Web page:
Indian restaurant business in Japan started from 1970s in Tokyo. The north Indian food was quite popular in Japan until the year 2000 after which south Indian food restaurants also started picking up. Today, there are around 1300 to 1400 Indian restaurants only in Tokyo out of which only a handful are run by Indians and rest by the Nepalese.

Since 2001, the demand of Indian IT engineers increased on a continues basis, steadily though. In the beginning, the Indian IT companies would largely work as partner with the Japanese IT companies to offer services to customers in Japan. Over years, a good number of customers have chosen to work directly with Indian IT companies to reap the advantages of labour arbitrage. Given this, the large Japanese IT companies have also opened their centres in India and started direct recruitments from India.

This development has led to change in life styles of the Indians in japan. As compared to a project-based visit to Japan in the past, more Indians are now coming to Japan for long term jobs, along with their families. The Indian community in Tokyo now has more than 1000 school going kids. These kids attend schooling primarily in the Indian and other international schools in and around Tokyo. Education is yet a challenge as Indian parents are looking for better schooling for their kids. Getting admissions into Japanese universities is a further challenge due to the big language barrier. Most of the kids opt to go overseas for their under-graduate and graduate studies.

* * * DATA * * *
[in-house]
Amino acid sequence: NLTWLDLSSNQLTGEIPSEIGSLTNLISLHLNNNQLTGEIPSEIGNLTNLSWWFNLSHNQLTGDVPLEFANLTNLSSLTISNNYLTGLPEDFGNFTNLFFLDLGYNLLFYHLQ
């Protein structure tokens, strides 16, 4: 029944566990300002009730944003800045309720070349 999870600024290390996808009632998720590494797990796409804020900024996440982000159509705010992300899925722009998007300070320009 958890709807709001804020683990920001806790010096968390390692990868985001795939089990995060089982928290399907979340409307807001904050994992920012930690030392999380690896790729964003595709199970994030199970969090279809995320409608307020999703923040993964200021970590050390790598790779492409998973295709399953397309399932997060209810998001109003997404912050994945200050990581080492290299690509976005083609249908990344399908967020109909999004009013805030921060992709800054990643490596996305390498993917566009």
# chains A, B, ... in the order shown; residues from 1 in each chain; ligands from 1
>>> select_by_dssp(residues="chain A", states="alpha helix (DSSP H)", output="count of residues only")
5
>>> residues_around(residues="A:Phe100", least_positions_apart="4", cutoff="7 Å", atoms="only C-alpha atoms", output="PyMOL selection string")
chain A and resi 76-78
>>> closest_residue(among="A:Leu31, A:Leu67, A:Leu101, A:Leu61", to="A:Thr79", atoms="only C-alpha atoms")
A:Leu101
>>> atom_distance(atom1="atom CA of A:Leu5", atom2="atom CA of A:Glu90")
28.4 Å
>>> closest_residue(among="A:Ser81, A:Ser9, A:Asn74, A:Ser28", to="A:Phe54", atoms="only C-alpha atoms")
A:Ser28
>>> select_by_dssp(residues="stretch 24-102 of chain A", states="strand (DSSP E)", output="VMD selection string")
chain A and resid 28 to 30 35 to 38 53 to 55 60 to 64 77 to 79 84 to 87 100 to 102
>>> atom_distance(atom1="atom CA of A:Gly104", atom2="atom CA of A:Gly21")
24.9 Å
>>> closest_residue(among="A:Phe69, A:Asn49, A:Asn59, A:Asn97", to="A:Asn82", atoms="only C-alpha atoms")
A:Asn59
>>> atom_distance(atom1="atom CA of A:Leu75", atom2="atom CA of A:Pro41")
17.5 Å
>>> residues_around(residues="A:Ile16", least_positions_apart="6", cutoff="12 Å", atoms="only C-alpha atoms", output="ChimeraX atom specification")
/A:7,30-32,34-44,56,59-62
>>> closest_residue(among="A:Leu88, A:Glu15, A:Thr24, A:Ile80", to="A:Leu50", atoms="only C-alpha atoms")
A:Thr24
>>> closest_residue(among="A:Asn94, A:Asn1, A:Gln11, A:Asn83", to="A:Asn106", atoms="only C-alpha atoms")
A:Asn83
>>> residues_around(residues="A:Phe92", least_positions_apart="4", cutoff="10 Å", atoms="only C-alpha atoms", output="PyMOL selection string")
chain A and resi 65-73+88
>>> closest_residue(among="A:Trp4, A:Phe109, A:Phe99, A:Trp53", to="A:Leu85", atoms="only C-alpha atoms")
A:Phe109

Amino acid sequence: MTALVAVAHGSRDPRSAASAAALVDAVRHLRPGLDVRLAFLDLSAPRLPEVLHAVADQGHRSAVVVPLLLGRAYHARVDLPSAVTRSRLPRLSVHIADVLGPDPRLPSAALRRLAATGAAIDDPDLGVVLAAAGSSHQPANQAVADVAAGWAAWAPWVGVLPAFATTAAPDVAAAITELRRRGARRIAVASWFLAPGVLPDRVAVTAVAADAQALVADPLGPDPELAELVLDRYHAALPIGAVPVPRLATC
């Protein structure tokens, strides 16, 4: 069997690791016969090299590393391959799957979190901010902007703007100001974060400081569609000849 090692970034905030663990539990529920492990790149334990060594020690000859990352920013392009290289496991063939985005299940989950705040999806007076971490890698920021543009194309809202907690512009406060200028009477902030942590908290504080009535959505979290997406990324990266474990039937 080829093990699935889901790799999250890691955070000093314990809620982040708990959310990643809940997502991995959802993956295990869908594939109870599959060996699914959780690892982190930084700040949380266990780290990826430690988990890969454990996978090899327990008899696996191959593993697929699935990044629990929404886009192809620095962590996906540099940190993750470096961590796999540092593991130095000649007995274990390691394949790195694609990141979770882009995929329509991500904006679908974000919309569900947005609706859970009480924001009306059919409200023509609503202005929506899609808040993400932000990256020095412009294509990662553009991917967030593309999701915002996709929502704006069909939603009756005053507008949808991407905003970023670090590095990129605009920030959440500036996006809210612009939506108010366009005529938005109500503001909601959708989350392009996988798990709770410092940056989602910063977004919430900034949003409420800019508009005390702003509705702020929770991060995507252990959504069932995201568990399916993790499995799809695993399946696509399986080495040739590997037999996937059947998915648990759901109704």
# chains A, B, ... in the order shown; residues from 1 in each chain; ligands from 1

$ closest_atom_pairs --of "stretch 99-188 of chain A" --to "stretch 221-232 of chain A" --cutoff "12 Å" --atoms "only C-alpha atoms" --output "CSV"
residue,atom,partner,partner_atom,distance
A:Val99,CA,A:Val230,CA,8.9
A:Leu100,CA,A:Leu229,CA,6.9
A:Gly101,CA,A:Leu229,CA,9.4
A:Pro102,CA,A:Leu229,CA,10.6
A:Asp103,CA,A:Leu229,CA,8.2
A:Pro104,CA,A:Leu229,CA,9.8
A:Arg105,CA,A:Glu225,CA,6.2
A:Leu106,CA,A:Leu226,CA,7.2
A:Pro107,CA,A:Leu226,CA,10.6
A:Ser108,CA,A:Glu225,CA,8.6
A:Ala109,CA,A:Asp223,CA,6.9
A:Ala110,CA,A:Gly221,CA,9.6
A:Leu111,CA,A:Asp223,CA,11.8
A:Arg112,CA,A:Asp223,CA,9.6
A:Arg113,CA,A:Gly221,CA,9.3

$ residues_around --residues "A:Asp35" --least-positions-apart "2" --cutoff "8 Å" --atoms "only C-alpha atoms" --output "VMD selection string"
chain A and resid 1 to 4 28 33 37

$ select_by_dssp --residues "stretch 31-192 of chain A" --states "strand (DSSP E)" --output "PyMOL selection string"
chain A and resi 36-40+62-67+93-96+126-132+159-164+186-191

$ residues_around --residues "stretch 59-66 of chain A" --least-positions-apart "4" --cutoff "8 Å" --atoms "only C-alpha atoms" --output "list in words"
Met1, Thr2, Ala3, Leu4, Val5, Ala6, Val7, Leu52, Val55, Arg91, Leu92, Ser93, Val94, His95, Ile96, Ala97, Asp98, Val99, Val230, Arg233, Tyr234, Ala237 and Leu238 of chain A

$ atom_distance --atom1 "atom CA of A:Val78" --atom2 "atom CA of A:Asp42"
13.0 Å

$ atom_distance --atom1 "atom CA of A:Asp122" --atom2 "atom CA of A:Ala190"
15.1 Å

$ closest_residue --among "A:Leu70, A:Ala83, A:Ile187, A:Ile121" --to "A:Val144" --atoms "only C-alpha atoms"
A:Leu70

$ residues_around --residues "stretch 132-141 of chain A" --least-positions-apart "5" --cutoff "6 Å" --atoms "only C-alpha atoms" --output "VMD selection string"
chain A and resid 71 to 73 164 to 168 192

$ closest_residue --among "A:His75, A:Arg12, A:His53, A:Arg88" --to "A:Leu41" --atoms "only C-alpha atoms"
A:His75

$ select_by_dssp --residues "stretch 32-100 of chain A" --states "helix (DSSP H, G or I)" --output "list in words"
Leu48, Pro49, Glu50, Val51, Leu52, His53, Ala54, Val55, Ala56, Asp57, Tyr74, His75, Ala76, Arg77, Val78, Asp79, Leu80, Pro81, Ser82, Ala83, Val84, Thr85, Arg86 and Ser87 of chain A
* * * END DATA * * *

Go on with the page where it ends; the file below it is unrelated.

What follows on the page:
The change in durations of stay in Japan has also meant a lot of changes in the life styles of people. Many Indians are buying homes in Japan. The number of permanent residency applicants is showing a steep rise over last few years and many are even considering citizenship of Japan. Many IT engineers, girls and boys of age around 25 come single to Japan. Once they like Japan they want to stay here for long for which I am seeing a trend that they are seeking life partners within Japan. 

Many region-based Indian communities are active in Japan like the Tokyo Marathi Mandal, Tamil Sangham, Odisha community, Bengali community and so on. Hindu Swayamsevak Sangh is also very active in Japan. Japan is prone to natural calamities. Many Indians left Japan after the large earthquake in 2011. Learning from those lessons, the newly formed All Japan Association of Indians (AJAI) is trying to put up a national framework or network to offer social support, information to all Indians across Japan. As routine life becomes complex, people need all sorts of information and help spanning legal, medical/health, childcare, education, social and other areas.

As of end of year 2018, there were around 39,000 Indians in Japan comprising of approximately 10000 engineers, 2000 students, 6000 skilled labour, 500 entrepreneurs and business managers, 500 teachers, 300 plus diplomats, around 3000 on short term visits and rest are family, dependents and other categories. The Indian community started its journey to Japan in the Meiji Era and started building up in the Showa era mainly through the businessman community, grew its presence through the IT population in the Heisei Era and will now become a part of the local Japanese community in the Reiwa Era. Japanese and Indians are coming closer than ever.